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Gene Hunt: the antidote to our banal times and middle life crisis

May 23, 2010

For me Life on Mars was always a reaction to forensic TV crime dramas like Silent Witness and Waking the Dead, where the world of contemporary police work is strictly cerebral and scientific. Elsewhere, these days, police car chases are confined to reality TV shows, where well-trained officers pursue joyriders at responsible speeds and always paying due care and attention to the safety of pedestrians and other road users. The only people the police beat up seem to be anti-war protestors and anti-capitalist demonstrators. And if the cops shoot anybody, it’s likely that they’ll turn out to be further collateral damage in the ‘war against terror’. None of this is terribly inspiring if you want to produce a thrilling, contemporary cop show. So what do you do? Well, you make a drama out of a modern day copper who gets seriously injured in the line of duty and wakes up in the 1970s, an era when TV cop shows could boast police hard men like Jack Regan and George Carter, who drank, fought and shouted their heads off throughout The Sweeney.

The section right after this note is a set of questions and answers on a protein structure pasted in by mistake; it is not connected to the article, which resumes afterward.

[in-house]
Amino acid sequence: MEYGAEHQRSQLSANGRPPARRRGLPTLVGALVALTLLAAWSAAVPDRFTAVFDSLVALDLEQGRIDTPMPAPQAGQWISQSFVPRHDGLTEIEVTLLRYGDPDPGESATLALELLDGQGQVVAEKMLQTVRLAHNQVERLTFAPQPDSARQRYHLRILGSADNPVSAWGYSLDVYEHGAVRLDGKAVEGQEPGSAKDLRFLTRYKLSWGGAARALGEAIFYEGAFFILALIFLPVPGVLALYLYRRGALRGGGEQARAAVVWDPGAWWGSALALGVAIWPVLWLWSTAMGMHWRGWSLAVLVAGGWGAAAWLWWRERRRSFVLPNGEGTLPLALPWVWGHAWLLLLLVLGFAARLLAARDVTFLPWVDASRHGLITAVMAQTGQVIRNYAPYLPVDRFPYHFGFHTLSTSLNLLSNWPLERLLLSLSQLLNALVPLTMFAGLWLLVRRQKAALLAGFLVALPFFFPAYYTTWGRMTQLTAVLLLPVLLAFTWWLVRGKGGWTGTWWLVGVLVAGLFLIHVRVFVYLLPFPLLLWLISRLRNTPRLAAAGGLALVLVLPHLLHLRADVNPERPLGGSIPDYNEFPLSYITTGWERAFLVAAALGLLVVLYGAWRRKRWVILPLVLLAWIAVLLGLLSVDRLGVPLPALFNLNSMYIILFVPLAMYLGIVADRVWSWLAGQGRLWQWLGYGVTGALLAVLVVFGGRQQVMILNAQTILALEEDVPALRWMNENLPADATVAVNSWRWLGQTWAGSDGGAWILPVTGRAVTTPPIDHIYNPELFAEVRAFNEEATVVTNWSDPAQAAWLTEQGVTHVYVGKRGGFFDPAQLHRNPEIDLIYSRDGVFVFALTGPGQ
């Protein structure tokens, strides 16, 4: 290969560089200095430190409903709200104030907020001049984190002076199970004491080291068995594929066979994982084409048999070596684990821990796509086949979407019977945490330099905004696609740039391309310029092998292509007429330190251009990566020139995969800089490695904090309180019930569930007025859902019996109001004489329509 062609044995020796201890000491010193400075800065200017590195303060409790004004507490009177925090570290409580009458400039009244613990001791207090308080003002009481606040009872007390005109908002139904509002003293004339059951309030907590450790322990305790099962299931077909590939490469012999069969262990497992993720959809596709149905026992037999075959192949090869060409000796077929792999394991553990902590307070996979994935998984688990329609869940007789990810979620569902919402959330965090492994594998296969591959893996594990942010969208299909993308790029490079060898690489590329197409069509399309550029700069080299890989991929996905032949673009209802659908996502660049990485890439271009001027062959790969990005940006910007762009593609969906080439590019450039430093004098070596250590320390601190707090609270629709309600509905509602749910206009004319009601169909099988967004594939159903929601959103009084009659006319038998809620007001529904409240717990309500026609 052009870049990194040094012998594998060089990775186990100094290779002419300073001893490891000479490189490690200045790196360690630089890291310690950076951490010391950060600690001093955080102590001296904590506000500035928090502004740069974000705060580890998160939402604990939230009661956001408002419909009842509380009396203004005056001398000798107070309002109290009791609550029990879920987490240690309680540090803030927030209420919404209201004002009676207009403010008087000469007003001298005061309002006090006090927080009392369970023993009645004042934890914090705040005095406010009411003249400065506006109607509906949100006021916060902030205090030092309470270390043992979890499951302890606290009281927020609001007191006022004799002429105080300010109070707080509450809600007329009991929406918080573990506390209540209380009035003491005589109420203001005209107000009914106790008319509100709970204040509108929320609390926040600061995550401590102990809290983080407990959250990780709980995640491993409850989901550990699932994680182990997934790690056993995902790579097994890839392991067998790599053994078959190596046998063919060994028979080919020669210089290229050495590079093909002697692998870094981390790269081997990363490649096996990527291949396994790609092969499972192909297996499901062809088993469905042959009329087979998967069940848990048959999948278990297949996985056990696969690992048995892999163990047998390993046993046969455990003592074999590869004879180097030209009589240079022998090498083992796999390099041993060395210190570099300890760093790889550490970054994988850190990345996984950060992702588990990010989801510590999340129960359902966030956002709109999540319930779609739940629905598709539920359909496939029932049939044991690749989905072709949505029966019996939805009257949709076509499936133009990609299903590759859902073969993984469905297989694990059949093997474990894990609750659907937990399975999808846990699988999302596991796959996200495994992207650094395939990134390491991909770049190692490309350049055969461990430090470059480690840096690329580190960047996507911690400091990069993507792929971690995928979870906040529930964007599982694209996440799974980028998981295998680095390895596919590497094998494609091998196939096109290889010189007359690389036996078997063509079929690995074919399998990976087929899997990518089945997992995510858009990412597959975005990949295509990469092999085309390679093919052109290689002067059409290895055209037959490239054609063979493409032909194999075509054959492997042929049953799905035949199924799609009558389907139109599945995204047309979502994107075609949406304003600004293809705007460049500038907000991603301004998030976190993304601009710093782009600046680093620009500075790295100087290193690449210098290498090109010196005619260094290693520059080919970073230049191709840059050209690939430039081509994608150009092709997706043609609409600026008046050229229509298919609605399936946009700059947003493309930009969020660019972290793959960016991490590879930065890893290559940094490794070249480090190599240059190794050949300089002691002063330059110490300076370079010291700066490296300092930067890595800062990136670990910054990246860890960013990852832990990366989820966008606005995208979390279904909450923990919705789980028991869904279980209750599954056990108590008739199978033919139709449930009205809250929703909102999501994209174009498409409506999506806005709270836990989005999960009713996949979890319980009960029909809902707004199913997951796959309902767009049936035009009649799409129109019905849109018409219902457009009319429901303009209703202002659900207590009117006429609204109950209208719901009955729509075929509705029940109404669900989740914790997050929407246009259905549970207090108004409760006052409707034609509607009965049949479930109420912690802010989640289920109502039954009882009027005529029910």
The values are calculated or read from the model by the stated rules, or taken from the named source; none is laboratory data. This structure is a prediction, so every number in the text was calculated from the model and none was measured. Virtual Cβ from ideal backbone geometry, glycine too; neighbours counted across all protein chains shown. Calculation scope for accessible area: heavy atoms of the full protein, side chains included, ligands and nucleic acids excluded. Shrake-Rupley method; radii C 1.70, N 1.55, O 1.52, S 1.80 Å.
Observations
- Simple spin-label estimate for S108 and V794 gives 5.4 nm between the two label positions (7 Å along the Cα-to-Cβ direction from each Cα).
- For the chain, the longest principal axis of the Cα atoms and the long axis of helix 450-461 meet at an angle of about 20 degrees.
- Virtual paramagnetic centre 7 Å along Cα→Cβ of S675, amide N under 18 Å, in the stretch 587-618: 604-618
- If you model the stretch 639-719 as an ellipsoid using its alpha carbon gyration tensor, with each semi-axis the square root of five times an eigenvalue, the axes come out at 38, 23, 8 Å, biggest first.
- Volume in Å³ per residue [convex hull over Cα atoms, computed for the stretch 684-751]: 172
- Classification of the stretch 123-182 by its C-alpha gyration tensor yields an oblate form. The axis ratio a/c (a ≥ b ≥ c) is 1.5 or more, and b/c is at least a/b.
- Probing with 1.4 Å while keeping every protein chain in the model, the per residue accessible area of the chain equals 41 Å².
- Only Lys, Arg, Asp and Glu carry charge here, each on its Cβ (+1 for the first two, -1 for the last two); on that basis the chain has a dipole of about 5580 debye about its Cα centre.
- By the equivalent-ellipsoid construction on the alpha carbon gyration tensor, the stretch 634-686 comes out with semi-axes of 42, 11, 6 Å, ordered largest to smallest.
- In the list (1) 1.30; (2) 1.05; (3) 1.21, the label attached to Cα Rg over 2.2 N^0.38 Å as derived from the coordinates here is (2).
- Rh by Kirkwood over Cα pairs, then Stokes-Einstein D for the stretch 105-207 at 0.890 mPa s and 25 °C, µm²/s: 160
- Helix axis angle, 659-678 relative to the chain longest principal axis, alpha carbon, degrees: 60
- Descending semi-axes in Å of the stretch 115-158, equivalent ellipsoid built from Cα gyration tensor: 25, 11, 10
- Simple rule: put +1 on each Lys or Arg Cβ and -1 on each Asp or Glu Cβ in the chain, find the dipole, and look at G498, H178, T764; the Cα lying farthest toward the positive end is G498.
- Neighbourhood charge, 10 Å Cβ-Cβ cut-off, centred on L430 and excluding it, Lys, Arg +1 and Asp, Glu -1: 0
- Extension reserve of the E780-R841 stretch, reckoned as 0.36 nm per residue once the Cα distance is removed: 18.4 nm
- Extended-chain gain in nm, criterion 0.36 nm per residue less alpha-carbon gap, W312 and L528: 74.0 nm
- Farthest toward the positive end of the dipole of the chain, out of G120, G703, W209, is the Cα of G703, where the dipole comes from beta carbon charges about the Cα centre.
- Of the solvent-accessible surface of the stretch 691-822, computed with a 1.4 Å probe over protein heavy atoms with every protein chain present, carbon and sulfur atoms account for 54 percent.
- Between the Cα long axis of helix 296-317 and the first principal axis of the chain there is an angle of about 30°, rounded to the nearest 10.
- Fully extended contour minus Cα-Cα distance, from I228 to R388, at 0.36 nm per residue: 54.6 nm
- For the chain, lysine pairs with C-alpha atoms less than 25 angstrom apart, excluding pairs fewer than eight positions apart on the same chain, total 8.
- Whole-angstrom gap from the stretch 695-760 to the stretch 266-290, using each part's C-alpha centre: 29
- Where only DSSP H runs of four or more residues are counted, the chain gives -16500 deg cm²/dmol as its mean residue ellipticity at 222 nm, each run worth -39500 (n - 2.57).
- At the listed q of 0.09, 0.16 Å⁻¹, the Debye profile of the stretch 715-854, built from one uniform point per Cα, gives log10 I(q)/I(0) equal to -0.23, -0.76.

Sam Tyler was the officer struck by a car who found himself in 70s and couldn’t decide whether he was in a coma or had actually travelled through time, but the real star of the show, and its sequel, Ashes to Ashes, was Detective Chief Inspector Gene Hunt, the essence of unreconstructed, politically incorrect, masculinity. Hunt was the sort of peeler who had no qualms about beating a confession out of a suspect, his thuggish behaviour an absolute affront to the modern, liberal policing methods espoused by Sam Tyler making their’s an unlikely pairing in real life but exactly what you want from a crime fighting double act.

It’s easy to conclude that the cult status achieved by Gene Hunt  over the series had something to do with the popular perception that crime is out of control; political correctness has gone mad, and wouldn’t the world be a better place if it were policed by the old fashioned coppers like Regan, Carter and Hunt, instead of smart-arsed, middle class college graduates like Sam Ryan (who isn’t even a copper in any case). But there is more to Hunt than that. Or at least I hope so otherwise I don’t quite know how to account for the fact that I loved him.